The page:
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Invoke IB api from ruby
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README.md

ib_ruby_proxy

CircleCI

Service for invoking the Interactive Brokers (IB) API from Ruby.

ib_ruby_proxy acts as a mediator between your Ruby code and the IB software making the API calls (Gateway or TWS). Internally, it invokes the official IB Java API and translates objects between Ruby and Java worlds. It also translates method and callback names so that you can use Ruby convention (underscore) instead of Java's (camelcase).

By design, ib_ruby_proxy mimics the IB API design where one entity is used to make all the API calls (EClient) and another entity is used to receive all the callback responses (EWrapper). Also, ib_ruby_proxy relies on the official IB Java API implementation. Both decisions aim to increase robustness, instead of making lower level API invocations through sockets or elaborated abstractions over how the API works.

The ib_ruby_proxy service needs JRuby installed. Clients of the service can use any standard Ruby distribution. Internally, it uses DRb to communicate client and server.

ib_ruby_proxy architecture

Usage

ib_ruby_proxy service

The service requires JRuby 9.2 or higher available in the system.

gem install ib_ruby_proxy

Start the process by executing this command, with JRuby configured as the Ruby interpreter:

> ibproxy

Alternatively, you can just clone this repository and run bin/ibproxy (there is a .ruby-version file specifying the right JRuby version).

By default, it will connect to the IB Gateway software at port 4002 and expose a DRb connection for clients at port 1992. You can configure both with options --ib-port and --drb-port. Use ibproxy help to see the options available.

Clients

Clients can use any Ruby distribution supporting DRb, including MRI and JRuby. To use in your app add this to your Gemfile:

gem 'ib_ruby_proxy'

Plain approach

First, you instantiate a client object to make the API calls:

client = IbRubyProxy::Client::Client.from_drb

Now you can use client to invoke API methods. It will use Ruby conventions so, for example, it would be req_historical_ticks instead of reqHistoricalTicks.

To receive callbacks, use an IbRubyProxy::Client::IbCallbacksObserver implementing the callback methods you want to handle. Again, callback names will use Ruby conventions.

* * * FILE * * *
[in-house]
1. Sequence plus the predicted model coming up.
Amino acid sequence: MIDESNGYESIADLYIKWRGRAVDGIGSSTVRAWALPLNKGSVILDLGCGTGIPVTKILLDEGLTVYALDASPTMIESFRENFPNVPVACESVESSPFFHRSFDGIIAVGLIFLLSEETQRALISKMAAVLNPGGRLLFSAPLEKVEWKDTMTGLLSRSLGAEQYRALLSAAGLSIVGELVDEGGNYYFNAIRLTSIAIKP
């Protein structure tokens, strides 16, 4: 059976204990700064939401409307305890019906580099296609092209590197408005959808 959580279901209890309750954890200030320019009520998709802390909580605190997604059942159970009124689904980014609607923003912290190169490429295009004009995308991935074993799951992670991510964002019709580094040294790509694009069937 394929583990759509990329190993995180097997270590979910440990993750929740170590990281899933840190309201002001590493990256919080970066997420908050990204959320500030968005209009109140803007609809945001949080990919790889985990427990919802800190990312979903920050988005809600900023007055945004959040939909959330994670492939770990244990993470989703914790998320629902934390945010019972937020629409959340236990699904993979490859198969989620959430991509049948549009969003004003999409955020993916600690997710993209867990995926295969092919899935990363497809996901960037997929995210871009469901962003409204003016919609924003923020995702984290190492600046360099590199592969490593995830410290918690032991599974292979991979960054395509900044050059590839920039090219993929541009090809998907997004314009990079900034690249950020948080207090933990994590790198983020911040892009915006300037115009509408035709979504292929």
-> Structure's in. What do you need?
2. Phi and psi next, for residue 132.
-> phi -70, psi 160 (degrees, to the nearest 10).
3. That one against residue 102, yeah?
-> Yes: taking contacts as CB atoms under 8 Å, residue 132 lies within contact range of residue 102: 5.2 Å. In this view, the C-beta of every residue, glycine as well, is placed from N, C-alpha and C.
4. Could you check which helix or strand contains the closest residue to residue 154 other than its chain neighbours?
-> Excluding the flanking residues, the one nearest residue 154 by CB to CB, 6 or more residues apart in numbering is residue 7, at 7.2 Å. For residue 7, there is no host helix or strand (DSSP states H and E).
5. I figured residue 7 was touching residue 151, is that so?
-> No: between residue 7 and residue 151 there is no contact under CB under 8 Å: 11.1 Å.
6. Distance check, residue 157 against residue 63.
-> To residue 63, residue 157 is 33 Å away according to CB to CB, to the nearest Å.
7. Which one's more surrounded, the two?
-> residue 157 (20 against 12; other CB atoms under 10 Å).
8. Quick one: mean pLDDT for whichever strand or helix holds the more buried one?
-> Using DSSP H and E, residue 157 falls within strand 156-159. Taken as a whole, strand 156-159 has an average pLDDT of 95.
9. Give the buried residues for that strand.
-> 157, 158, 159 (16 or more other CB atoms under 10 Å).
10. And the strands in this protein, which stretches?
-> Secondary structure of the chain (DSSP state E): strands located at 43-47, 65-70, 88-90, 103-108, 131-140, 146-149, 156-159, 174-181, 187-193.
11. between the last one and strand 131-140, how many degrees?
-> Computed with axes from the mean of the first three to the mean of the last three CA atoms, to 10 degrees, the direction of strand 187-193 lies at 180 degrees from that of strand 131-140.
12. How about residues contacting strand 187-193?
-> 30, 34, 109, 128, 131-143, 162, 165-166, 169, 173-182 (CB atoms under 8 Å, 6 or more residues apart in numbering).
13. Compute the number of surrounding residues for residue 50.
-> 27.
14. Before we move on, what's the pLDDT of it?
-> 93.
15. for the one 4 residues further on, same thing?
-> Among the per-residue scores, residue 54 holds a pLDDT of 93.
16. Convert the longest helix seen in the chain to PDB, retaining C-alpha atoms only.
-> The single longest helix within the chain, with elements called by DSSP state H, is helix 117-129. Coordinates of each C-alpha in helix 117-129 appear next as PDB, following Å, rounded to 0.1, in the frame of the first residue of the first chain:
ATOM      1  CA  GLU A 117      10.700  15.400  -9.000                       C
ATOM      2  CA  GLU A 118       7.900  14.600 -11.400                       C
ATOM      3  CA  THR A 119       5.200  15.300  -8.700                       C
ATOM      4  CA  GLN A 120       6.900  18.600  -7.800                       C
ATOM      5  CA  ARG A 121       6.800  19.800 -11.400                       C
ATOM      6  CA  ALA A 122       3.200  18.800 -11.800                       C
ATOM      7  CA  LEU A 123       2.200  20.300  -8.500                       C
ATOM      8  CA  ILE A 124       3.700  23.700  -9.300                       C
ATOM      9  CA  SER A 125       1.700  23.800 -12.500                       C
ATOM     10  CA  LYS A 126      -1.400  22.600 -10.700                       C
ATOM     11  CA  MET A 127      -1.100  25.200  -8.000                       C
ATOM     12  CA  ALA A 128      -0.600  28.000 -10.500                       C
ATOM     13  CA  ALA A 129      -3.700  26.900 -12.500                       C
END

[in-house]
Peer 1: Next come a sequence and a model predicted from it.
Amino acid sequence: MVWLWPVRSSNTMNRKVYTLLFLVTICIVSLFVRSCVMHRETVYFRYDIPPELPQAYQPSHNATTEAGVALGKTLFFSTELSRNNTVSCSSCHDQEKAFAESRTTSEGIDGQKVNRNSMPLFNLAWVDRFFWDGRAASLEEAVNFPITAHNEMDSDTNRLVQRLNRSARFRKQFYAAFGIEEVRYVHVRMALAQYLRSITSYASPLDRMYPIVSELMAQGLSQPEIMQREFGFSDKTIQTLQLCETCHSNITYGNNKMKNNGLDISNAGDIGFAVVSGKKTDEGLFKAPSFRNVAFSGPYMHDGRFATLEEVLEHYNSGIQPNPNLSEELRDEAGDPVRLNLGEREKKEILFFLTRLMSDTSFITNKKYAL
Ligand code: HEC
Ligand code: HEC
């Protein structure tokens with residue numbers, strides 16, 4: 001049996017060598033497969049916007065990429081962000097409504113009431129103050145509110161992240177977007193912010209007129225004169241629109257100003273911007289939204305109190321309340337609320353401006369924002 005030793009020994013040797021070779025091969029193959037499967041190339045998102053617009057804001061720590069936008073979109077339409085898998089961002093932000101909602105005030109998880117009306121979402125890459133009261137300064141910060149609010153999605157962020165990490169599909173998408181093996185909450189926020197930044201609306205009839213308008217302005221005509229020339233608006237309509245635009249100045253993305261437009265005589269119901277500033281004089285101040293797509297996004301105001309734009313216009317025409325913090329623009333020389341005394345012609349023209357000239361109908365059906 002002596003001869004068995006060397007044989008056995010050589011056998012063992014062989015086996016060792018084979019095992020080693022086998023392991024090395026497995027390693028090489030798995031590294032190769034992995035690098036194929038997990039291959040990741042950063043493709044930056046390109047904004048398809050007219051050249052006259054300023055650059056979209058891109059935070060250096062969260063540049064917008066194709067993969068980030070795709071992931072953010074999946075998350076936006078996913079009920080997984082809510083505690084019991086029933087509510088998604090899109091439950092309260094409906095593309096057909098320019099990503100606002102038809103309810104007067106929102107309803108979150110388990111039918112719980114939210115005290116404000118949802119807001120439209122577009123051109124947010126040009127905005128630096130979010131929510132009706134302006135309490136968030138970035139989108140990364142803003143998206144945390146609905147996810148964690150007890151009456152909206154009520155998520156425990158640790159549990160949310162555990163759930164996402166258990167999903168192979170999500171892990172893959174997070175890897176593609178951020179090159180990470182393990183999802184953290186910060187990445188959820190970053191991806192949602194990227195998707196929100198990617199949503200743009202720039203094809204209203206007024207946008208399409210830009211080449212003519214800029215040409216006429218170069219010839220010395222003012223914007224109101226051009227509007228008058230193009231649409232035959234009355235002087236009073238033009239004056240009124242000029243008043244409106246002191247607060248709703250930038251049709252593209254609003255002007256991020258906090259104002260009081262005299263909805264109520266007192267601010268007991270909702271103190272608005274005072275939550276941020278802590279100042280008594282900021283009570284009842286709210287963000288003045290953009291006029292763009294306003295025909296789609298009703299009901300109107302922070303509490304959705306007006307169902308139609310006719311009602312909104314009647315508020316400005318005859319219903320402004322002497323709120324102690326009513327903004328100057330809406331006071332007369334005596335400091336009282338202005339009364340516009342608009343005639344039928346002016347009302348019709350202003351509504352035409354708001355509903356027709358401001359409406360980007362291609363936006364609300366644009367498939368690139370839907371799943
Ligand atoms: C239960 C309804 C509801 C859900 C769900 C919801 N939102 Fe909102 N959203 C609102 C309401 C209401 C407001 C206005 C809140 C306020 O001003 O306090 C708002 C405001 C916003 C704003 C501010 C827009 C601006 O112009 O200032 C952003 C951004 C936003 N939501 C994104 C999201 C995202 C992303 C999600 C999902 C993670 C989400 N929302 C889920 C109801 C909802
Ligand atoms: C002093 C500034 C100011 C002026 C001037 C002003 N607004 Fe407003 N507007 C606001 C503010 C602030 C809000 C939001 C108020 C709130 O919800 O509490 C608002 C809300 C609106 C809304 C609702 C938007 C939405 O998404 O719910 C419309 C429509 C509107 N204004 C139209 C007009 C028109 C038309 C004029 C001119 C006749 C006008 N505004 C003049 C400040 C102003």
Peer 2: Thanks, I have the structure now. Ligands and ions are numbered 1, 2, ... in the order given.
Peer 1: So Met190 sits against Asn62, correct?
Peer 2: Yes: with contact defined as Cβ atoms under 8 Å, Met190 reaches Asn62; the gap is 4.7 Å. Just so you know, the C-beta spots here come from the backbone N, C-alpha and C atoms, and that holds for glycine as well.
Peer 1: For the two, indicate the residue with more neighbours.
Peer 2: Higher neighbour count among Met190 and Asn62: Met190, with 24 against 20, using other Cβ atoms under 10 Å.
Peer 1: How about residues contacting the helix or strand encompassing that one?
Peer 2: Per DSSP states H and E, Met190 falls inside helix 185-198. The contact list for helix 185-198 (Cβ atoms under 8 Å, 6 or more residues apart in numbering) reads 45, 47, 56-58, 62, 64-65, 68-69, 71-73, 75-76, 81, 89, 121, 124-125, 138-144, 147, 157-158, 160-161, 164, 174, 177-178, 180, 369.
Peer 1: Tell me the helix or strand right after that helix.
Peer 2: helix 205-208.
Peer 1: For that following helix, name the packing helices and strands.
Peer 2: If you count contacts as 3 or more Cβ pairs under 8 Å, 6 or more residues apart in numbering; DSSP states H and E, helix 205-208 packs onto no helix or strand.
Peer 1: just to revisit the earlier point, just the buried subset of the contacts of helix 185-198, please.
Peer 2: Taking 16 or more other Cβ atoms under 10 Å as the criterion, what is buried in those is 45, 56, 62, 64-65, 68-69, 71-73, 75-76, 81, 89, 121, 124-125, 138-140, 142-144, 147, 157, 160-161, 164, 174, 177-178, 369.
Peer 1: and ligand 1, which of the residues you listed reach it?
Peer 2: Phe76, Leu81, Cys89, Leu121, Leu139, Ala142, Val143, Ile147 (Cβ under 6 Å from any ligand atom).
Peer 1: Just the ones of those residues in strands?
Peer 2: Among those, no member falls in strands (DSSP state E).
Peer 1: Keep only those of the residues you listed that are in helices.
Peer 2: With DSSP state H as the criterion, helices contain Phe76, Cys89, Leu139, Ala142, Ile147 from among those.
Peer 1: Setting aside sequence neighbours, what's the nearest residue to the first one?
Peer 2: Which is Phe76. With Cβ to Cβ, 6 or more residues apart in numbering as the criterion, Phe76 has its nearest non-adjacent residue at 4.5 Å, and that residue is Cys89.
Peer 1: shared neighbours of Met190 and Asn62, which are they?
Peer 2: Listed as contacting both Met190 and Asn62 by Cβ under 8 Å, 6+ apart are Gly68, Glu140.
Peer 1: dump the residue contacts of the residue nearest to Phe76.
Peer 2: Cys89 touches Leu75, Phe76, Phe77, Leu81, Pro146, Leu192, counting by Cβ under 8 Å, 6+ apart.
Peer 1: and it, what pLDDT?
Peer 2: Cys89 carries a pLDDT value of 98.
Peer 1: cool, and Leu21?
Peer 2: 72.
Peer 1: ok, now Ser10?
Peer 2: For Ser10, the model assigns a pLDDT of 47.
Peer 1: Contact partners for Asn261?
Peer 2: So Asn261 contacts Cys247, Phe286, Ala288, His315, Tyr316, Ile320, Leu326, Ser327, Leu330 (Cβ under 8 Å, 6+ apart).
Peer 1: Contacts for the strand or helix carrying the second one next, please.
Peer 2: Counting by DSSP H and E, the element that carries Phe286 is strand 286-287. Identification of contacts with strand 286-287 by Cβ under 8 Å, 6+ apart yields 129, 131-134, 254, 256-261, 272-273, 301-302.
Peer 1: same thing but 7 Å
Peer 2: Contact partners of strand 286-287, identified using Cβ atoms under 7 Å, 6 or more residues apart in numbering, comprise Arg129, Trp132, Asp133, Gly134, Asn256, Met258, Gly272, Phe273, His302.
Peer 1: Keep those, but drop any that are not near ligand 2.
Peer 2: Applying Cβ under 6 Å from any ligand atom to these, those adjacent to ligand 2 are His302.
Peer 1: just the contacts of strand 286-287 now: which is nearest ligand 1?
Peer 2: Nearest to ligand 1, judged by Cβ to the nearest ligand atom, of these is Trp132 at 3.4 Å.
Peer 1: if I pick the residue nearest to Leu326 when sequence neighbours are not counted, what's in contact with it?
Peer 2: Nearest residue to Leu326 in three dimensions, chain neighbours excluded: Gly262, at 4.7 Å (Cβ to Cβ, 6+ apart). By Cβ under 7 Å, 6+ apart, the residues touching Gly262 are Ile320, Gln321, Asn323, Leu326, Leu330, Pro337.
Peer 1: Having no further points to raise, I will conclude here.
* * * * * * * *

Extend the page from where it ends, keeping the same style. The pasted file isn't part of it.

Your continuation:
For example, say you want to get the historical ticks for Apple (AAPL). IB API supports this with its api method reqHistoricalTicks and a callback historical_ticks to receive the ticks. The full example with ib_ruby_proxy looks like this:

client = IbRubyProxy::Client::Client.from_drb

class CallbacksObserver < IbRubyProxy::Client::IbCallbacksObserver
  def historical_ticks(_request_id, ticks, _done)
    pp ticks
  end
end

aapl = IbRubyProxy::Client::Ib::Contract.new symbol: 'AAPL',
                                             sec_type: 'STK',
                                             exchange: 'ISLAND'

client.add_ib_callbacks_observer CallbacksObserver.new
client.req_historical_ticks(18009, aapl, '20190304 12:00:00', nil, 100,
                            'MIDPOINT', 1, false, nil)

Mapped callbacks

ib_ruby_proxy support passing a block to the API methods and have this block invoked with the corresponding received callbacks. The yielded params will include the callback name and the list of arguments accepted by the callback.

client.req_historical_ticks(18009, aapl, nil, '20190304 17:00:00', 100,
                            'MIDPOINT', 1, false, nil) do |_callback, _request_id, ticks, _done|
  pp ticks
end

This feature is currently under development, and not all the mappings have been configured yet. Please check how to add custom mappings if you want to contribute new mappings (pull requests welcomed).